LIRR project to cause service disruptions this summer

A Long Island Rail Road project to ease

A Long Island Rail Road project to ease the flow of trains through a busy Queens junction will cause some peak-period service disruptions this summer. (May 6, 2011) (Credit: Howard Schnapp)

A Long Island Rail Road project to ease the flow of trains through a busy Queens junction will cause some peak-period service disruptions this summer.

The LIRR will cancel three morning rush-hour trains and two evening rush-hour trains from July 19 to Aug. 19 as crews begin work on a new westbound bypass track at the Harold Interlocking in Long Island City, officials announced Monday.

The project requires taking two tracks out of service to excavate beneath them and install a concrete slab under which the new bypass track will be constructed.


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When complete, the new track will allow westbound trains to bypass much of the complex, interwoven train traffic at Harold, which the Metropolitan Transportation Authority has called the busiest train junction in the country. Located just east of the East River tunnels that lead into Penn Station, the Harold Interlocking is used by the LIRR, Amtrak, New Jersey Transit and freight rail carrier New York & Atlantic.

The bypass project "allows us to really untangle Harold and create really a straight pathway so trains will be able to access Penn Station more efficiently," LIRR president Helena Williams said during MTA committee meetings. "There is, of course, some pain associated with gain."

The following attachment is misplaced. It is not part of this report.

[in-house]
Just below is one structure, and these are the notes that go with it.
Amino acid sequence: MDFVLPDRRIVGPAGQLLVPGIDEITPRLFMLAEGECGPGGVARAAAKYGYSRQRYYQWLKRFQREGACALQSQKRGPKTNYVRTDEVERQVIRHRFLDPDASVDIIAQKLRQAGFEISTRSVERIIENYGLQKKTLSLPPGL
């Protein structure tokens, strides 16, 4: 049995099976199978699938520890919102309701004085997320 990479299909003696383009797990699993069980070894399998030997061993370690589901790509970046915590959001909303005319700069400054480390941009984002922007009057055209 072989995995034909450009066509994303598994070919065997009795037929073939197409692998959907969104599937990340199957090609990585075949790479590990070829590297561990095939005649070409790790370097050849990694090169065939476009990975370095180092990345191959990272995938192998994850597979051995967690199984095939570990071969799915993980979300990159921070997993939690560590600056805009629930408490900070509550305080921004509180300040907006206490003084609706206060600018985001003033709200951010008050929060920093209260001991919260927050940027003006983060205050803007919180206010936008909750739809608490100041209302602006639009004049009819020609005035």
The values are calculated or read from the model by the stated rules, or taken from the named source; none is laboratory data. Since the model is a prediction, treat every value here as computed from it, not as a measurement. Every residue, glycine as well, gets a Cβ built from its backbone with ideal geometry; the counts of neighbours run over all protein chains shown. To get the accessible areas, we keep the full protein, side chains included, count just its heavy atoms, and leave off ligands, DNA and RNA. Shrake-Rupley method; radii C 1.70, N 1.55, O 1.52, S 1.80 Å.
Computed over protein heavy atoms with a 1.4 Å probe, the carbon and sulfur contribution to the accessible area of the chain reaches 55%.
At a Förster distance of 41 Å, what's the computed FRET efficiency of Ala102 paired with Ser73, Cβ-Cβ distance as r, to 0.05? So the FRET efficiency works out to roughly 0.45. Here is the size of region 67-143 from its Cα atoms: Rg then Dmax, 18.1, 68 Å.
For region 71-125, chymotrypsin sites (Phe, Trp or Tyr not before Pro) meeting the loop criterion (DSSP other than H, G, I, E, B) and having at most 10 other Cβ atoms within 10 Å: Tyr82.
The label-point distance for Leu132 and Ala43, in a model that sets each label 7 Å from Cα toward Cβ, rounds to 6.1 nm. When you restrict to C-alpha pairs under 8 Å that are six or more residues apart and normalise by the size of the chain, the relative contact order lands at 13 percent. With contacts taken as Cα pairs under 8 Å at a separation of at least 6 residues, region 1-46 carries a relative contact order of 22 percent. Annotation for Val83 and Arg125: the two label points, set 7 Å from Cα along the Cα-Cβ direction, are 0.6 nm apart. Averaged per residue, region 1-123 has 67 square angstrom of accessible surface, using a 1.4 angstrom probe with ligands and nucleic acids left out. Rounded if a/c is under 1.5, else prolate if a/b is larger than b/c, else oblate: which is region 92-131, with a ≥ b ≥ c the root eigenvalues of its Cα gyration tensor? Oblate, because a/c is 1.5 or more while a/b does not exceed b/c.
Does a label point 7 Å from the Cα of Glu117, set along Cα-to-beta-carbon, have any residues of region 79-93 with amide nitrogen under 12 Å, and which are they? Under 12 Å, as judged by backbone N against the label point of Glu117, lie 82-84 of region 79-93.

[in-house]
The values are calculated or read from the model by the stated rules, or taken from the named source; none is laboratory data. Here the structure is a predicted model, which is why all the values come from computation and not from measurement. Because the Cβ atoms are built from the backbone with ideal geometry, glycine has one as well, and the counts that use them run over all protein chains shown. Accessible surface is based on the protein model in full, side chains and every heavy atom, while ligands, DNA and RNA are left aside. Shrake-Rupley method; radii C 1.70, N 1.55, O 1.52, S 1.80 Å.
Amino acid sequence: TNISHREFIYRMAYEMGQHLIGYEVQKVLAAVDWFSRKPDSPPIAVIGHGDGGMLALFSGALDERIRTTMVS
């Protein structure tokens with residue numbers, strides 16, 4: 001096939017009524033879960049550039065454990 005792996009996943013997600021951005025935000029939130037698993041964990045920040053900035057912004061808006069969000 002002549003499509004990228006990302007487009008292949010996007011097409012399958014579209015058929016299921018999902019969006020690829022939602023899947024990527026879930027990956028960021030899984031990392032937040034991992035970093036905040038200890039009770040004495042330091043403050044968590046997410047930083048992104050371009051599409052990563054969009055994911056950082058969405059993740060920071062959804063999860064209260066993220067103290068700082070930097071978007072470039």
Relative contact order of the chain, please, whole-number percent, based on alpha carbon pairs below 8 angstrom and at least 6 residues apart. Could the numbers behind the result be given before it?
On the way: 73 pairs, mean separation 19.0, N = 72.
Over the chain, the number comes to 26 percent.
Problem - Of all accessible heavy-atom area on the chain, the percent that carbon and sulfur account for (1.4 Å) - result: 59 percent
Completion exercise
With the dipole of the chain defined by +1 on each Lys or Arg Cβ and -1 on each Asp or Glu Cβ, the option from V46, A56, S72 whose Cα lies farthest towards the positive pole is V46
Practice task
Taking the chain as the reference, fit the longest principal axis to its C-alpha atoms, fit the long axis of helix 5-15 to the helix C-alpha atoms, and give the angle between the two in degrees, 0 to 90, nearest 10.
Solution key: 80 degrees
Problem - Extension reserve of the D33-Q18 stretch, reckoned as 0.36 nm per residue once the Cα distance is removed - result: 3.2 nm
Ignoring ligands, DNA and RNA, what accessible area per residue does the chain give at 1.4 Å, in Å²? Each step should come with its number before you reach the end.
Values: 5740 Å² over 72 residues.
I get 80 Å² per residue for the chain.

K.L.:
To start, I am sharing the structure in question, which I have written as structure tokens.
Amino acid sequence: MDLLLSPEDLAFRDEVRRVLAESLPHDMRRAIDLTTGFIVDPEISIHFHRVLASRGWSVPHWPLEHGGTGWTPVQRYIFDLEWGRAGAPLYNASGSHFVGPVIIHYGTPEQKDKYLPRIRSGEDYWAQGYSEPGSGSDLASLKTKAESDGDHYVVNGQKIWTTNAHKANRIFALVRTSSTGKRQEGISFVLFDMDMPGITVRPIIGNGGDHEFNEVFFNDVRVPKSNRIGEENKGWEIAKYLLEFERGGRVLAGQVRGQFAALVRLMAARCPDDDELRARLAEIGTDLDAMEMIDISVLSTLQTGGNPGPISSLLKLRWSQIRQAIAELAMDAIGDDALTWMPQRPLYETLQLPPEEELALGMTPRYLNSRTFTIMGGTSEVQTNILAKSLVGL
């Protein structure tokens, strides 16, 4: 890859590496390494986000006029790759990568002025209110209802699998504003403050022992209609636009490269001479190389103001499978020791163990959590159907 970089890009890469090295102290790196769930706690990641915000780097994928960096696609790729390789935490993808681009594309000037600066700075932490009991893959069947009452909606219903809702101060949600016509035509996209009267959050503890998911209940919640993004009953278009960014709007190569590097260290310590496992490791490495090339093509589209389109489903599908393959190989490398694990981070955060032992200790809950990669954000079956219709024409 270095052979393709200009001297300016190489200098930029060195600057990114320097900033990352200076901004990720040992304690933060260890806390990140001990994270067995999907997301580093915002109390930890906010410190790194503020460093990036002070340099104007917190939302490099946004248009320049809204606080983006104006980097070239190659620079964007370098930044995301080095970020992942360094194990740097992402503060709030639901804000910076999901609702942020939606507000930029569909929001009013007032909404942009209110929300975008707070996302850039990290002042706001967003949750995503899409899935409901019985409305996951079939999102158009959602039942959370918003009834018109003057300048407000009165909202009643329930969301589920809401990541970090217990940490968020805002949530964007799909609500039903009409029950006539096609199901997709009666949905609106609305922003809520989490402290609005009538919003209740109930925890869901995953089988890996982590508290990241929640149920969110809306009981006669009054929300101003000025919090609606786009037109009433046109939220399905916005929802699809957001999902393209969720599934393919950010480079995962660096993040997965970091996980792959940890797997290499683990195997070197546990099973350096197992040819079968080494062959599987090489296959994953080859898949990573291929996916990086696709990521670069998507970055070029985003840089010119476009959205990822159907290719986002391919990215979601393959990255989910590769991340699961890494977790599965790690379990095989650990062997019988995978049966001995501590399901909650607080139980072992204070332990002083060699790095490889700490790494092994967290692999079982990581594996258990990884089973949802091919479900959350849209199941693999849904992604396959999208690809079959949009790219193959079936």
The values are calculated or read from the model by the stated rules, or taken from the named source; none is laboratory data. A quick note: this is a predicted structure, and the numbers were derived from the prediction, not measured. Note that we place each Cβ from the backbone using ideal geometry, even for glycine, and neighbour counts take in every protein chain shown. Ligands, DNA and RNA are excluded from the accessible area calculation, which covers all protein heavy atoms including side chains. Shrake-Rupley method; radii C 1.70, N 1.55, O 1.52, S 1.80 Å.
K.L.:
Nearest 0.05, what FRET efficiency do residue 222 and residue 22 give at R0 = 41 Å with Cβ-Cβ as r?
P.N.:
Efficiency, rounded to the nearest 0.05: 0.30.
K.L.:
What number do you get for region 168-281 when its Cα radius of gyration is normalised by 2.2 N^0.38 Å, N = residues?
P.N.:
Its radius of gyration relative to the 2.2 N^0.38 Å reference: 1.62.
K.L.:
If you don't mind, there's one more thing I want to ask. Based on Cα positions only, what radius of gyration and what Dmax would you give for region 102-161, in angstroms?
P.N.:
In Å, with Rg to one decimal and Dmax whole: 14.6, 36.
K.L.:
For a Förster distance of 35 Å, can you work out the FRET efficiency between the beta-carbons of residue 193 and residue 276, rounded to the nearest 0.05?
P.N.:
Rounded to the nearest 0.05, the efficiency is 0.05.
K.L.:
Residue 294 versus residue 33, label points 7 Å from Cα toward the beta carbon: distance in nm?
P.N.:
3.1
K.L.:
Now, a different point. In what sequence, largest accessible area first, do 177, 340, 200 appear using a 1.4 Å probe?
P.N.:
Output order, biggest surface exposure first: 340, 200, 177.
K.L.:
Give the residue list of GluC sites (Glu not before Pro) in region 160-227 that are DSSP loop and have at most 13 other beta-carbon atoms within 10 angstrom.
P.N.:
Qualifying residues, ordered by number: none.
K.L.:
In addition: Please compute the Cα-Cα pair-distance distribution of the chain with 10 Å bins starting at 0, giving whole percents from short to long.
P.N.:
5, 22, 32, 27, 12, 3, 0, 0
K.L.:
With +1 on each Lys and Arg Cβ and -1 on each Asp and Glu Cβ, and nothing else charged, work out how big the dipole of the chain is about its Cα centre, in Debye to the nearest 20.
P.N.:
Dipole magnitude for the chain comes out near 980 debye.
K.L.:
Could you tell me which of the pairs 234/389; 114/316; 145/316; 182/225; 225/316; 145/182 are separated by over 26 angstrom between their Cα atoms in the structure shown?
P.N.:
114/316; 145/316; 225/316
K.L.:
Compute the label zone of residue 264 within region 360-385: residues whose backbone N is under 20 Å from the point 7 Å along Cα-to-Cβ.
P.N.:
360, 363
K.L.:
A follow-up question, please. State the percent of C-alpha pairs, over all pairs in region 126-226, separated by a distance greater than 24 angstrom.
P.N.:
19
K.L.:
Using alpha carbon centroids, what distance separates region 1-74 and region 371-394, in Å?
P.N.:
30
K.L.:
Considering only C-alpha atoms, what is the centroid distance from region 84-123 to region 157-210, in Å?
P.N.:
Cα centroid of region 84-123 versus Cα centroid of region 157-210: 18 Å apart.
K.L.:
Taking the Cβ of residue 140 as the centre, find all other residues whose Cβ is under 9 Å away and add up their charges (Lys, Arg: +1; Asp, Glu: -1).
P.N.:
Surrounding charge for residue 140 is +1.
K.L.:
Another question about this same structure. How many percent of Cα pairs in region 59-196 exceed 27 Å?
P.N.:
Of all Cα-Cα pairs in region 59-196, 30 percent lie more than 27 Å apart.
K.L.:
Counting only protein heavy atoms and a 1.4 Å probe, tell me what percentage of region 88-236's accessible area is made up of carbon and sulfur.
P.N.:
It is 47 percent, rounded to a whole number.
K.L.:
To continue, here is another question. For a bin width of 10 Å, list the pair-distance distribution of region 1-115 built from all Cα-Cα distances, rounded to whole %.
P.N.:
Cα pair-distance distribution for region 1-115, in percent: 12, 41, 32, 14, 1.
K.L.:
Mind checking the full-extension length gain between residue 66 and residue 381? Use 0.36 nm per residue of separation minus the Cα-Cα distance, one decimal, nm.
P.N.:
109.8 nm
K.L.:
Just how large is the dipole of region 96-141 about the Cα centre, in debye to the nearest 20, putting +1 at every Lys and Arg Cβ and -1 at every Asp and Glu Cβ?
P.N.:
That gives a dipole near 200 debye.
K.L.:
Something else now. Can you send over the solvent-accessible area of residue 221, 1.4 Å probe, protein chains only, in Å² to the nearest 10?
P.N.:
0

That pain will include the cancellation of the 6:54 a.m. train from Central Islip to Penn Station; the 7:55 a.m. from Little Neck to Penn; and the 8:10 a.m. from Freeport to Penn.

In addition, the 6:33 p.m. train from Penn to Babylon and the 6:05 p.m. from Penn to Wantagh will be canceled during the project. A few other trains also will have their times or origins changed.

LIRR officials said taking the two tracks out of service for a month allows the railroad to finish the project quickly and return to full service. The alternative would have been to carry out the project over "many, many weekends," Williams said after the meetings.

Once the concrete slab is installed, crews can continue building the bypass track without affecting LIRR service, officials said.

The LIRR separately plans to construct an eastbound bypass through the Harold Interlocking. The two projects, which received funding from a $450 million federal grant for high-speed rail service in the Northeast Corridor, are expected to be completed by 2017.

 

 

LIRR SCHEDULE CHANGES

 

Peak period LIRR trains to be canceled from July 19 to Aug. 19:

Morning rush to Penn Station

6:54 a.m. from Central Islip

7:55 a.m. from Little Neck

8:10 a.m. from Freeport

Evening rush from Penn Station

6:05 p.m. to Wantagh

6:33 p.m. to Babylon

Other trains will experience changes in times or origins.

Source: Long Island Rail Road

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